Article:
Angel Investors: Who They Are, Pros and Cons

Angel investors can be accredited investors with net worth of at least $1 million or at least $200K in annual income.
Tina Orem
Steve Nicastro
By Steve Nicastro and  Tina Orem 
Edited by Christine Aebischer

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One potential source of funds for new businesses is angel investors: private, wealthy investors who will finance your business in exchange for an ownership stake.

Here’s an overview of angel investors, some pros and cons of this kind of small-business financing, how to determine whether it’s right for your startup and how to bring potential angel investors on board.

What is an angel investor?

Angel investors are typically high net worth people who fund startups or early-stage businesses. Many are accredited investors with a minimum net worth of $1 million or at least $200,000 in annual income. Angel investments can be thousands to millions of dollars, depending on business size and ownership sold.

Who can be an angel investor?

Angel investors are often accredited investors, which is a designation that requires a minimum net worth of $1 million, at least $200,000 in annual individual income or at least $300,000 in annual joint income (see the Securities and Exchange Commission website for details). People who hold a Series 7 license (a broker license), a Series 65 license (an investment advisor license) or a Series 82 license (a private securities offerings license) may also qualify.

How Much Do You Need?

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Angel investors can be friends, family, members of your professional or social networks, individual angel investors or a team of investors. Angel investors often form “angel groups,” in which they evaluate businesses and invest together, pooling resources to make larger investments.

What do angel investors want in return?

Angel investors typically want ownership in the company they invest in. An angel investor usually provides capital in exchange for equity (stock in the company) or convertible debt, which is a loan that can be converted to equity at a later date.

For example, a company that's valued at $1 million might sell 20% of its equity, worth $200,000, to an angel investor or an angel group.

Generally, angel investors are interested in high-growth, high-potential startups that can earn them several times their original investment. In other words, the potential rewards need to be substantial enough to outweigh the numerous risks of investing in a startup.

Pros and cons of angel investors

Advantages of angel investors

  • Expertise. Angel investors often have industry expertise. They may be entrepreneurs who started a business in your field and can provide advice and coaching to help you succeed.

  • Connections. Angel investors may have a lot of industry connections. They may be able to introduce you to new customers, financing sources, business partners and other relevant contacts.

  • Support. Because they’re owners, angel investors typically make money only if the business is successful. This position should motivate them to help add as much value as possible.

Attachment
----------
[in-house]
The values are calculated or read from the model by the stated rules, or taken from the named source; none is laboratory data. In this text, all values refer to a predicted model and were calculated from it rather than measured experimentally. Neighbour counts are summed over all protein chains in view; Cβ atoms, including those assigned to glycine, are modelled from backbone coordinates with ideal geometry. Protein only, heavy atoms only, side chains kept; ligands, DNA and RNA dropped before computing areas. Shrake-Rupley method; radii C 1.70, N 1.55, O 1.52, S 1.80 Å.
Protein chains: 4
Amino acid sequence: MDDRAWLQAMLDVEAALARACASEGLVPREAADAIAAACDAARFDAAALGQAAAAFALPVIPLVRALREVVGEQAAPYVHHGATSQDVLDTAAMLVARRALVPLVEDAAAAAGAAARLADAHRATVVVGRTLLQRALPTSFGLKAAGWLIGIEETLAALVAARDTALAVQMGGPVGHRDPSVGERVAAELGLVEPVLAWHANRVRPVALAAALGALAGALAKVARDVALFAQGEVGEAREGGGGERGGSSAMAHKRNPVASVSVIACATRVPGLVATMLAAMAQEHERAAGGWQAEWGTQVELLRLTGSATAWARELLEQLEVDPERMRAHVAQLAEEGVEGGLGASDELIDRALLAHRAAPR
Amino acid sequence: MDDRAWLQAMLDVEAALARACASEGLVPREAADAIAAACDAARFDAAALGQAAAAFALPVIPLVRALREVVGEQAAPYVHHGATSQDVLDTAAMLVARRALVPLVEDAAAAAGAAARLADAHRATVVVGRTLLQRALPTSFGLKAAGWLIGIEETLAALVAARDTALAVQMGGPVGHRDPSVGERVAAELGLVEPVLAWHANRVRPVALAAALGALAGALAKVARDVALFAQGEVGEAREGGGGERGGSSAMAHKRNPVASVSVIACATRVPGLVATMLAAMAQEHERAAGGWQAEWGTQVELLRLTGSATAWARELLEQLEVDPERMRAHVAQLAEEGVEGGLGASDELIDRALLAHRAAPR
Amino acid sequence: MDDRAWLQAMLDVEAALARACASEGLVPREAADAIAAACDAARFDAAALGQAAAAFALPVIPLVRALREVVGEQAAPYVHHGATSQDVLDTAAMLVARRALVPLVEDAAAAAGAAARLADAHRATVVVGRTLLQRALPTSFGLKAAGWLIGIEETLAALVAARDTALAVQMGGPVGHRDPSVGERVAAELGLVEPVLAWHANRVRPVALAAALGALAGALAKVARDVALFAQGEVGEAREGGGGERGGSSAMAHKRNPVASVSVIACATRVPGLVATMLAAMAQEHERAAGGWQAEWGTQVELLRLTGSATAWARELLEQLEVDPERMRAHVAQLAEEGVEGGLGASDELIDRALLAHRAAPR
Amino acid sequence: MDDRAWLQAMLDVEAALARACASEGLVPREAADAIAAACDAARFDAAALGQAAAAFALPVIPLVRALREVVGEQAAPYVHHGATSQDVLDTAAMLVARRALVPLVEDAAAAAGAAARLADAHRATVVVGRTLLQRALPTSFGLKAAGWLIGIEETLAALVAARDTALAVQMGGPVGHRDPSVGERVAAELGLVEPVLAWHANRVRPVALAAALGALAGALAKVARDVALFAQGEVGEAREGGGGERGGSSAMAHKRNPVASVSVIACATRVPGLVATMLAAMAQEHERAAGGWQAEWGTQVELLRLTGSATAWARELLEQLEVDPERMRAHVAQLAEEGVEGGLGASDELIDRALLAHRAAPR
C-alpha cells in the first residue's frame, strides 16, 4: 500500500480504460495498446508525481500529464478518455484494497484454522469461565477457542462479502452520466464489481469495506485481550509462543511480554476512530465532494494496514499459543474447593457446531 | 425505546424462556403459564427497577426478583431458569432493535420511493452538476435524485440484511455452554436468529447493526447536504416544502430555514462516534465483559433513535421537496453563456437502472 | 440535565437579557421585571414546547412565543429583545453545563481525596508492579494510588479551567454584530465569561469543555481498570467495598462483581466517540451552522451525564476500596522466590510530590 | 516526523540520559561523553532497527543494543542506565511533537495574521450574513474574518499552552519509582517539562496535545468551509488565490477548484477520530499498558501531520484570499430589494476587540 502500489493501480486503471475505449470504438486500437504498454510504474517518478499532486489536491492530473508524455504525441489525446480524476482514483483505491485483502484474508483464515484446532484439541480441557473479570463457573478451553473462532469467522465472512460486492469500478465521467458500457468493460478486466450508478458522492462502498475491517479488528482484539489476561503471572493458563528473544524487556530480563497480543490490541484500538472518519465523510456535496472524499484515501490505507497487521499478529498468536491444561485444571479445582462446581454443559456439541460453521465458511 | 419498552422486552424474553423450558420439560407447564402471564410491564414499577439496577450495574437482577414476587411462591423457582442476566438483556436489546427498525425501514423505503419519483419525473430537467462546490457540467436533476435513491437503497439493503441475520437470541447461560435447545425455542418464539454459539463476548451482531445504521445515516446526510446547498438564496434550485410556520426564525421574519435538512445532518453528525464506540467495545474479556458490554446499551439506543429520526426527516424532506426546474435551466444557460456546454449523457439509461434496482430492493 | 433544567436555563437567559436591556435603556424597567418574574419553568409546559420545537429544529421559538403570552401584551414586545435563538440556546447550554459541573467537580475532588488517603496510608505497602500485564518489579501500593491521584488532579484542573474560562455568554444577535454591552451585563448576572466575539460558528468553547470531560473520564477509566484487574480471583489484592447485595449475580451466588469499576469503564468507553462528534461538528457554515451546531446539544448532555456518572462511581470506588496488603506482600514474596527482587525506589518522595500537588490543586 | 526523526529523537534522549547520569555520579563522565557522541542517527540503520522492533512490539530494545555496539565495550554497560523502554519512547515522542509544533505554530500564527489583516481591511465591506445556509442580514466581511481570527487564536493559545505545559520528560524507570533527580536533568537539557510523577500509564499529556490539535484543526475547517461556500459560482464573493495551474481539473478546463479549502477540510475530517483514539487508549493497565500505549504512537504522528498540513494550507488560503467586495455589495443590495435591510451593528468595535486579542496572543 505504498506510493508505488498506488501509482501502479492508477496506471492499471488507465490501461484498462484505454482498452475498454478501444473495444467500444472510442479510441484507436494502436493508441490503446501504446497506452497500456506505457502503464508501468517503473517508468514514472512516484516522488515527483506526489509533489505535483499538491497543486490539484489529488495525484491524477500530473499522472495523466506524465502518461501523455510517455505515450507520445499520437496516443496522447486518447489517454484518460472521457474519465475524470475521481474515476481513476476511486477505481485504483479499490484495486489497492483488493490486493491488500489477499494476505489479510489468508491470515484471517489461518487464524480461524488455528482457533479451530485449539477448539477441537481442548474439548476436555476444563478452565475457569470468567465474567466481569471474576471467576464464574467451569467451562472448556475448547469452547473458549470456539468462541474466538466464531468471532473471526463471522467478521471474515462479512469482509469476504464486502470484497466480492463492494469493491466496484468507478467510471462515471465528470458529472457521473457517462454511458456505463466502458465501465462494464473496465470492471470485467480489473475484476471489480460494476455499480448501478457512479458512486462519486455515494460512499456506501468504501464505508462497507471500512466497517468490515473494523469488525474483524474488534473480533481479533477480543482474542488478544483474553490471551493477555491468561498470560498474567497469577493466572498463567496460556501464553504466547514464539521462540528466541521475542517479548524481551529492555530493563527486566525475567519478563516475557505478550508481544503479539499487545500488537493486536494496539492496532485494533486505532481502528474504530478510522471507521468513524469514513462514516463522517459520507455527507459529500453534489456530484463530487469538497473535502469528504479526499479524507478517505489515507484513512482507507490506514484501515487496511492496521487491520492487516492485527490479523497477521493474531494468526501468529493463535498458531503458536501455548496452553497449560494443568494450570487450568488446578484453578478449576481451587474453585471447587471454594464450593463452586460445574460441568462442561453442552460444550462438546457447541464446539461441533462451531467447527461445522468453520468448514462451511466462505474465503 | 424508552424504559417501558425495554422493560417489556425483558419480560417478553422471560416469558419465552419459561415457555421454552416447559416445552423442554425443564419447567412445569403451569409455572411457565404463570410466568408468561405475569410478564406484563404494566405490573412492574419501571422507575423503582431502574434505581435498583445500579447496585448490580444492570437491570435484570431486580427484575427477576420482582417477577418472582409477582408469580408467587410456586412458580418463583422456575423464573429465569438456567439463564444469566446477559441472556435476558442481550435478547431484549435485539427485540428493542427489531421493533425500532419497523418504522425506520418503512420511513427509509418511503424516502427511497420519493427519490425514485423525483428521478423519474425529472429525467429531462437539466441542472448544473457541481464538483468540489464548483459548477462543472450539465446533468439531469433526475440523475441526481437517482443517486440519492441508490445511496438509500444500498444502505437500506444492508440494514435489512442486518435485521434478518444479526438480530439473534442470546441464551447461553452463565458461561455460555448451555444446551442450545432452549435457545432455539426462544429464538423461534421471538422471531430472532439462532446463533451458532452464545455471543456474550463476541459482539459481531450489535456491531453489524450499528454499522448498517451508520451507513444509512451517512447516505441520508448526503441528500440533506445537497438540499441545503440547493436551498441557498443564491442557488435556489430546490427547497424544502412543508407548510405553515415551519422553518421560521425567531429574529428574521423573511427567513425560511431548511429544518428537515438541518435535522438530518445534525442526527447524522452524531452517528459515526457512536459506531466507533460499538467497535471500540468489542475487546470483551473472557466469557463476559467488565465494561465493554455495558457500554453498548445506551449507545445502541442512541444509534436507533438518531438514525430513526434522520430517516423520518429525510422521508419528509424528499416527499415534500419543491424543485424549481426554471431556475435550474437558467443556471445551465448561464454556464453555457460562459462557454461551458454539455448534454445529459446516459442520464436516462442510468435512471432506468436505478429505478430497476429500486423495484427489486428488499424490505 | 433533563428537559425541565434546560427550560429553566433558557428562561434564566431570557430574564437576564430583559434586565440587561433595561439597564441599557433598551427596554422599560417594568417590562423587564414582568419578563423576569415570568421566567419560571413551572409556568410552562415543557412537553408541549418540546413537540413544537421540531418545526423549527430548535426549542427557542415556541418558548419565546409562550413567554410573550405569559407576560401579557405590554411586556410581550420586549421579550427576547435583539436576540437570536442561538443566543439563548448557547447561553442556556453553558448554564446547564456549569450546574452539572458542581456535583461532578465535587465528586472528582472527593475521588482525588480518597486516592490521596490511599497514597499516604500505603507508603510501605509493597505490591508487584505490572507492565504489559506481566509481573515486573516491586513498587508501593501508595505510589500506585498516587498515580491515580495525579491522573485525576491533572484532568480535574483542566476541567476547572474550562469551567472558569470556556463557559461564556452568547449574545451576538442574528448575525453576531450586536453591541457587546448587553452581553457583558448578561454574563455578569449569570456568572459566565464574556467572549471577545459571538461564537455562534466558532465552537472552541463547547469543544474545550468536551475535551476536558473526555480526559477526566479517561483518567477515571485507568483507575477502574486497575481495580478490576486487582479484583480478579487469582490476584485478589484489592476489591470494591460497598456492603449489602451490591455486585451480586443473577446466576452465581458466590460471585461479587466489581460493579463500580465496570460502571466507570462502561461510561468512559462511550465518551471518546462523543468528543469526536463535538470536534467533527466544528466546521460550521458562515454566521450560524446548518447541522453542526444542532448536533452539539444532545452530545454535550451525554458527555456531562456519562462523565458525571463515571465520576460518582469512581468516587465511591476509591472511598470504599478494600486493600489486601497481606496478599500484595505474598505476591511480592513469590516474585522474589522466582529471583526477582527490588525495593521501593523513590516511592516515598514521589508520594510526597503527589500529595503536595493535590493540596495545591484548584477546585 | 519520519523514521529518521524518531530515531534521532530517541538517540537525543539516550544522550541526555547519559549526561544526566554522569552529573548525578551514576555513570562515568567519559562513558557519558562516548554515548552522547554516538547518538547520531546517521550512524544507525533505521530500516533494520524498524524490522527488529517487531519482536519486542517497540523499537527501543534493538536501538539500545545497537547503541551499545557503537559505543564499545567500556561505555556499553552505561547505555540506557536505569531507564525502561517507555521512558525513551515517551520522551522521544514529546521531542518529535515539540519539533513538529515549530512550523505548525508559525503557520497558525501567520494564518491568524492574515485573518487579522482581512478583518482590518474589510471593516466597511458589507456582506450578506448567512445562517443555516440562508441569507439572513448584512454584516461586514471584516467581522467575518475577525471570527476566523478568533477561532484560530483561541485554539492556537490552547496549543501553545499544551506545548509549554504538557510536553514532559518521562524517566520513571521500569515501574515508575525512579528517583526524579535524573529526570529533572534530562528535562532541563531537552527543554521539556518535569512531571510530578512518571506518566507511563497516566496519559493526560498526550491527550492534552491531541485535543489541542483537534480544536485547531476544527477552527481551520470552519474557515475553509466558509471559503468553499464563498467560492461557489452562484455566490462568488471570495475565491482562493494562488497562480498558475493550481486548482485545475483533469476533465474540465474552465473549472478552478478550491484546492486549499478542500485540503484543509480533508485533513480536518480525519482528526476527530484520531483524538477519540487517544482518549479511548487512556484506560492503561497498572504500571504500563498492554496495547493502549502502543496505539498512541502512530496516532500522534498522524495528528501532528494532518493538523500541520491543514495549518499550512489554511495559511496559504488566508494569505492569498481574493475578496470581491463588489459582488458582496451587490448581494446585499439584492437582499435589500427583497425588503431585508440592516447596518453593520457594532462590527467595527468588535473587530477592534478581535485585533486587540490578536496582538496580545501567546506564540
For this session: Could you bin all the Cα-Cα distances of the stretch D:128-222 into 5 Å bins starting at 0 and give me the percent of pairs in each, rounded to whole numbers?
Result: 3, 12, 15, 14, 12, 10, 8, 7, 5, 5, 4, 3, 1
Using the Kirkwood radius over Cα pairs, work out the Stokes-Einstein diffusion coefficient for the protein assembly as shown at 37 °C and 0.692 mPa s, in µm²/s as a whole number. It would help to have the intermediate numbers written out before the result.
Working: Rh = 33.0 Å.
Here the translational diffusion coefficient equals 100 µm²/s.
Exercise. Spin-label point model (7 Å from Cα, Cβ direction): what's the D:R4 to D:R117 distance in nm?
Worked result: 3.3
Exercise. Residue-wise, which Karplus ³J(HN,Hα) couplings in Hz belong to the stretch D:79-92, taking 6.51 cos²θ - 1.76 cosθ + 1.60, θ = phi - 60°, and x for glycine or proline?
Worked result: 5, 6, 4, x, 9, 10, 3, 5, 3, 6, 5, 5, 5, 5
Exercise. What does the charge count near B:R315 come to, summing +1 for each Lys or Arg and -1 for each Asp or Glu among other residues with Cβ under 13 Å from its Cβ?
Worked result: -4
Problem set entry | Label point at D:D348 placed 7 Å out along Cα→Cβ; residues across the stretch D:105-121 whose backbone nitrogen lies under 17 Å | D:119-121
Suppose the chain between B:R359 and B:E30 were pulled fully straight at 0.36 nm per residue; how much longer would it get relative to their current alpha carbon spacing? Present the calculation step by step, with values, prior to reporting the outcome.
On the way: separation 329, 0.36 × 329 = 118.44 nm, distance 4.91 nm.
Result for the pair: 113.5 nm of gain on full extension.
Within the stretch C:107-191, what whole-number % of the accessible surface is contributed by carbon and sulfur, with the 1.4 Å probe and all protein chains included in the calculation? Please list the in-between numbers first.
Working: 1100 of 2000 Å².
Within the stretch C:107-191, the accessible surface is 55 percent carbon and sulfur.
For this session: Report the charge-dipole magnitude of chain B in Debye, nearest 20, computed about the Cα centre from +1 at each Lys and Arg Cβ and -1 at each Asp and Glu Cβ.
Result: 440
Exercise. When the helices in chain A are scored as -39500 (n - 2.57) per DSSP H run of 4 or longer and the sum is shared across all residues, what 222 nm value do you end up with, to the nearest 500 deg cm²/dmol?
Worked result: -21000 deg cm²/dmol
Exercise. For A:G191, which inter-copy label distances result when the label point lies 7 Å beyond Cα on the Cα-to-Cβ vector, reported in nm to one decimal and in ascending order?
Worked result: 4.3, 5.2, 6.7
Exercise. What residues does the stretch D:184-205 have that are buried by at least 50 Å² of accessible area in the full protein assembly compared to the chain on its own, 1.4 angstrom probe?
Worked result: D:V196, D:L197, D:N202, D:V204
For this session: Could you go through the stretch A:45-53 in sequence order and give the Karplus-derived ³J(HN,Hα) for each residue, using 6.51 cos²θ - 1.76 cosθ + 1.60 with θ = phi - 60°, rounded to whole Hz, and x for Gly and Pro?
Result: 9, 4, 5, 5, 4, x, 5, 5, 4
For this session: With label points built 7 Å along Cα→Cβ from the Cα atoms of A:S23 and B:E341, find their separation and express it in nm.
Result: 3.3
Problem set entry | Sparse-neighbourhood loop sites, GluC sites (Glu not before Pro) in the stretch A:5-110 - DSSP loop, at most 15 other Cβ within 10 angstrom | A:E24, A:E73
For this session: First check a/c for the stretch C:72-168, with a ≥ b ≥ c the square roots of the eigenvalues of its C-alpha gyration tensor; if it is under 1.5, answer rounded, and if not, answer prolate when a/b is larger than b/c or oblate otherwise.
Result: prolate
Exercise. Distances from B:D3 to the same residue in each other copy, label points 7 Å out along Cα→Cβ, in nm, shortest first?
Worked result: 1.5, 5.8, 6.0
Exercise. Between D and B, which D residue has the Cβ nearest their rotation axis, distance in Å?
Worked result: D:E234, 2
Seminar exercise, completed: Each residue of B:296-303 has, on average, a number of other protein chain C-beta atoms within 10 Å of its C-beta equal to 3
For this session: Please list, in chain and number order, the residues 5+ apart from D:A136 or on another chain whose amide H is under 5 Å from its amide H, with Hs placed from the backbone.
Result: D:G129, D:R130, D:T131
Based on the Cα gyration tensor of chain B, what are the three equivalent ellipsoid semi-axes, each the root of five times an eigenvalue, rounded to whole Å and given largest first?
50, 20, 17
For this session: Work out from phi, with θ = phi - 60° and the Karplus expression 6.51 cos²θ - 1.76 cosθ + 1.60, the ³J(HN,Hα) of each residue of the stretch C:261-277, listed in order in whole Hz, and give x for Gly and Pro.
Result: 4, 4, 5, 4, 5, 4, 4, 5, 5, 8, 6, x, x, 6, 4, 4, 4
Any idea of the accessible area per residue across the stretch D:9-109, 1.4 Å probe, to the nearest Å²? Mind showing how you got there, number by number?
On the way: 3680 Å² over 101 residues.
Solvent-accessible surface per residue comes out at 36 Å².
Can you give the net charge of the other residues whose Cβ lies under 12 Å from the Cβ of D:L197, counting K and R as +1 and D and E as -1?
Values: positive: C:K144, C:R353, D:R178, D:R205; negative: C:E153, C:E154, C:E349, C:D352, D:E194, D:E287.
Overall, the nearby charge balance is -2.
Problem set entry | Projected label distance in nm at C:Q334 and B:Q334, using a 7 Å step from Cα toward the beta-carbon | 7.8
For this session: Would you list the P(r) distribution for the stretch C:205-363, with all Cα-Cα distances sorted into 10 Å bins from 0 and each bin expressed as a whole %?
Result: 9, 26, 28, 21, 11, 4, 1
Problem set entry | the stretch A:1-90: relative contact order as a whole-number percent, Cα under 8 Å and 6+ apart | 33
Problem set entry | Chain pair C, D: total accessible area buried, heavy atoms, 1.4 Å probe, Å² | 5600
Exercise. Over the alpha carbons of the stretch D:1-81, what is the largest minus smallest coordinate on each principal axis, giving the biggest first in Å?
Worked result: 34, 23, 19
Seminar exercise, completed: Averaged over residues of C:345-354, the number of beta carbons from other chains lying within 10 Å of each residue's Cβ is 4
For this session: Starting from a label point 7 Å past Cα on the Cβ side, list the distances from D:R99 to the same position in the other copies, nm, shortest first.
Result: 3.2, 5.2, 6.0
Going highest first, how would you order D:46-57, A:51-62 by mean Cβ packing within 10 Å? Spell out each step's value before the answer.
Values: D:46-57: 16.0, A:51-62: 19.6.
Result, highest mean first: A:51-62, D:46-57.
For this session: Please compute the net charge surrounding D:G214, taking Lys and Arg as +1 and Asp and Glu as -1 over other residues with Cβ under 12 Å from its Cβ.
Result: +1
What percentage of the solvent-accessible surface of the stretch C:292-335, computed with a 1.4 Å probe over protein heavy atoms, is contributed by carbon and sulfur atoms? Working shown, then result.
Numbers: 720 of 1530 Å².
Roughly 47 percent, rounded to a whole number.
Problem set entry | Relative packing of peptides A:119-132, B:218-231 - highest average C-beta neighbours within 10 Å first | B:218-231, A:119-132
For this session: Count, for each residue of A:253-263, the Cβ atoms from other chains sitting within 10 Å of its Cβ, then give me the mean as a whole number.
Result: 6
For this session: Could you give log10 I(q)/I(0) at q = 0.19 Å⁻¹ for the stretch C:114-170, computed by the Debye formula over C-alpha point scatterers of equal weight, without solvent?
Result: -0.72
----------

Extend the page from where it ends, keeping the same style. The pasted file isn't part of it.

• Deep pockets. If your small business needs financing later, angel investors might make follow-up investments.

  • Alternatives. Angel investors might invest even if a business can’t get financing from a bank or a financial institution.

Disadvantages of angel investors

  • Potential rejection. Even if you think your company offers outstanding growth potential or a game-changing product, angel investors still might reject your pitch. After all, investing in a startup is risky.

  • Shared control. Some angel investors might demand a large ownership position, and you may end up selling more of the company than you had planned.

  • Possibly unhelpful. Do due diligence on an angel investor to ensure their interests are aligned with yours. Ask for references and, if possible, talk with other startups that raised money from this investor. You may prefer an angel investor who will be a business partner, help your company grow and contribute to its success, instead of one who's just looking for a return on their investment.

  • Time and effort. You’ll likely need to prepare a lot of paperwork, such as income statements and projections, balance sheets, cash flow statements and bank statements, so be ready for a potentially lengthy, time-consuming process.

Should you get an angel investor?

Startups and early-stage businesses that can be scaled for growth are generally the most attractive angel investments. This means your business should be able to increase its sales very quickly over the next few years without a huge increase in fixed costs and expenses.

If you’re willing to give up ownership and potentially control of your company — and think you’d benefit from bringing an experienced investor on board — then angel investors could be a smart move.

How to find an angel investor

You can find potential angel investors in places like these:

  • The Angel Capital Association, which is the official industry alliance of over 100 of the largest angel investor groups in the United States.

  • AngelList, which helps match founders with investors.

  • Gust, which evaluates various funding sources for startups.

  • MicroVentures, an investment bank offering private market investments.

  • The Angel Resource Institute, a nonprofit that provides education and information on the best practices in the field of angel investing.

  • FundingPost brings entrepreneurs together with angel investors through its roundtable events.